Thursday, 16 June 2016

Chain of Command - Club Game

View up the table, British this end, Germans at far end

Courtesy of Paul and Jim I had another chance to play Chain of Command at the club on Friday night. Jim set the game up, 28mm Brits vs Germans around Market Garden, with me playing the Brits and Paul the Germans.

Paul was meant to be defending a pill box and road junction, with me attacking. We only did one move of the hidden markers - not sure that was right - so there was a distance between us at the start. Luckily Paul pushed forward rather than wait for me so the gap was rapidly closed. My Vickers managed to inflict some nice damage on his infantry on my left flank. In the centre I sent a section up along the hedgerow but the came under grenade attack from the Germans in the scrub behind the wall.

Tommy's advance along the hedgrow

Since it was only an evening game I decided on a death or glory up my left flank where I'd already weakened him, but took casualties crossing the open ground when he played turn end to remove all the smoke I'd put out as cover. My second section then charged through into the wood and his MG34 team, but came off by far the worst. With only one active section left (and the Vickers) it was time to call game over.

So on the second play through I think most of my comments from the play test stand. A dedicated set of command dice and a better organised playsheet would make life a lot easier, and the combat mechanics still seemed pretty sound (although the bucket of dice approach throws up odd results too often for my liking).

The biggest issue though is the scenario settings. The scenarios are meant to be for evenly matched forces, but for real if you had the choice the attacker wouldn't take the combat. We were taught that if a section meets an MG nest its probably a platoon attack. Likewise if a platoon meets another platoon then that platoon forms the firebase whilst the company's other platoons for the assault force (although I understand current doctrine is for a straight-up-the-middle approach rather than left-flanking, bags of smoke). In most of these scenarios the "attacker" really needs double the force to make it an even fight, if they had triple the force then it would (should) be too easy.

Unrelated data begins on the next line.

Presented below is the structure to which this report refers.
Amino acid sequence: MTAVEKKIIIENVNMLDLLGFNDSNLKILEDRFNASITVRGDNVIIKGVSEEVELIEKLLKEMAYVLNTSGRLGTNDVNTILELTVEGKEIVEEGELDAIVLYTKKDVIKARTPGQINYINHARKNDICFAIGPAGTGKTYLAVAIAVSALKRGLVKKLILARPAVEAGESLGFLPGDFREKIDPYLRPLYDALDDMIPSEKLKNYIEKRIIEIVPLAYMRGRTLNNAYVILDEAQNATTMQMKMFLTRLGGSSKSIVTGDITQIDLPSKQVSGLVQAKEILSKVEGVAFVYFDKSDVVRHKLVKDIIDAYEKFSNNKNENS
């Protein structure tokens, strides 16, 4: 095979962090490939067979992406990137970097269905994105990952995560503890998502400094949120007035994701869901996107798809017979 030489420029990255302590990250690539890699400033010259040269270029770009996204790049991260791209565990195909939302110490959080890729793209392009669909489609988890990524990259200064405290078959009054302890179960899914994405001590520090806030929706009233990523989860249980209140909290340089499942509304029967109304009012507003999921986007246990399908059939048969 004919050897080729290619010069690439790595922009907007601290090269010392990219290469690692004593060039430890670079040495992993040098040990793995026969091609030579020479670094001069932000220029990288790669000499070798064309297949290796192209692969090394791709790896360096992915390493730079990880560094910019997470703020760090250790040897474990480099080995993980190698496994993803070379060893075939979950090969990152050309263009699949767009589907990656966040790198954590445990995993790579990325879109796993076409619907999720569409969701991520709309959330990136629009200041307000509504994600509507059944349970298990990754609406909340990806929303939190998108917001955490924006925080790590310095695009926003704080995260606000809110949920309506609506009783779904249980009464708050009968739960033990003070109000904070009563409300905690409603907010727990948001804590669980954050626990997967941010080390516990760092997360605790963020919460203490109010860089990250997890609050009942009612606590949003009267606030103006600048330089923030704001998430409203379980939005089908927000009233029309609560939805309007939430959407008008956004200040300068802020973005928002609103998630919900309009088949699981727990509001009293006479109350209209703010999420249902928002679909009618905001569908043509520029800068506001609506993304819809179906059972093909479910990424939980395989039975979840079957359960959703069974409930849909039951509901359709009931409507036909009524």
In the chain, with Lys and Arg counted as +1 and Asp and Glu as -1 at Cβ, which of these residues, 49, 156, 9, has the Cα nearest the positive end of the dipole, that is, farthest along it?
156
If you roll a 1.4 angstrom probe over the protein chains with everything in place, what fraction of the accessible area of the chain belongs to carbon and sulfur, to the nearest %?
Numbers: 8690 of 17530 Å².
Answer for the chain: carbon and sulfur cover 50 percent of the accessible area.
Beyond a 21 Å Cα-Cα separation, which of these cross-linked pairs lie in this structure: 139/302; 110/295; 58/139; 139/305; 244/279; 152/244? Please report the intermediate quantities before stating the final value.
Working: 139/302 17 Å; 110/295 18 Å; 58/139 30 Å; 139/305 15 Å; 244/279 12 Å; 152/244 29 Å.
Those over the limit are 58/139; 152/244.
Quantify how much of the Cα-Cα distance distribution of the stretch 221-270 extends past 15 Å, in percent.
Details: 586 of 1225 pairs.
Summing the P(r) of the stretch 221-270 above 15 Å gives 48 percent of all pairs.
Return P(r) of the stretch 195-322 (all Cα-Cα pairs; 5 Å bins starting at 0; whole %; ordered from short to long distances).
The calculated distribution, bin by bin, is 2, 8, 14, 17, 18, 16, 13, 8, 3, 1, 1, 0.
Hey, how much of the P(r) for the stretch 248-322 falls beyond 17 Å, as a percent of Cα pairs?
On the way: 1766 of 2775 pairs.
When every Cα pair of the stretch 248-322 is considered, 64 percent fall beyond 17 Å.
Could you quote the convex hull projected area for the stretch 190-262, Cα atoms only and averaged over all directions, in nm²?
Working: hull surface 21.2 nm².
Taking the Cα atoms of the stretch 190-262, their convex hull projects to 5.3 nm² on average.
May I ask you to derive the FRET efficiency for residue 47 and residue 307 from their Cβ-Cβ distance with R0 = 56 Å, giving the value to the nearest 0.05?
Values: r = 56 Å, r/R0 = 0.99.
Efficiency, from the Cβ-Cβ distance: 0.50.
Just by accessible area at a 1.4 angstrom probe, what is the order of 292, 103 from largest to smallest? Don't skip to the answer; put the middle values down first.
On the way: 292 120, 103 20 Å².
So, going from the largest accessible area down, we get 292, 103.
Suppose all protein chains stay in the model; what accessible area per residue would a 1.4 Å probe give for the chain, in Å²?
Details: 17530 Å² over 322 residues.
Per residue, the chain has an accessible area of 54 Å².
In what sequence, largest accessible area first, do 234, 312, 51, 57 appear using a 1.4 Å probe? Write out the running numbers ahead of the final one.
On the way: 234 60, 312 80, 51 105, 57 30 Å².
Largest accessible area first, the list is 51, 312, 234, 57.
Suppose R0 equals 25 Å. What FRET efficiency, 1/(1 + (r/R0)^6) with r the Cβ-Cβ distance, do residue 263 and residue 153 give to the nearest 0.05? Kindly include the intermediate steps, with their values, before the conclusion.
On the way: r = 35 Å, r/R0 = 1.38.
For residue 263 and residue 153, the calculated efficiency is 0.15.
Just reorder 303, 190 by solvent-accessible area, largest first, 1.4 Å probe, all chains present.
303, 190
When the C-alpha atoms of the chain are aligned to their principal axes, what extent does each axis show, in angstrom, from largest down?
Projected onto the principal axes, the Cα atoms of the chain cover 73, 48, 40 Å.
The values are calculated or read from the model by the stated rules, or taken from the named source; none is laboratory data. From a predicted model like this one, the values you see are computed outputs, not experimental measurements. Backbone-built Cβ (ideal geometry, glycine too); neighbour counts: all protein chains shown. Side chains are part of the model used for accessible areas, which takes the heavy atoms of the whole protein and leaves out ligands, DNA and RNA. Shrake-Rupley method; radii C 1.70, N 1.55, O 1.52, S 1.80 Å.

I think there is also an issue with mechanised wargames that you do pretty soon get paralysed by the damage inflicted by machine guns, so troops (quite realistically) cower down provide hard cover until either kicked into action or indirect fire support can be brought in to clear the way for them - which may not be much of a wargame.

Overall whilst I think I'll play a few more platoon level games (and still want to try the modern version of CoC (Fighting Season) when it comes out, and some similar level SF games (even the rumoured SF CoC) I think that modern games may best be played at a higher level, with Platoon manoeuvre units and less focus on individual soldiers and cover and more on indirect fire missions.

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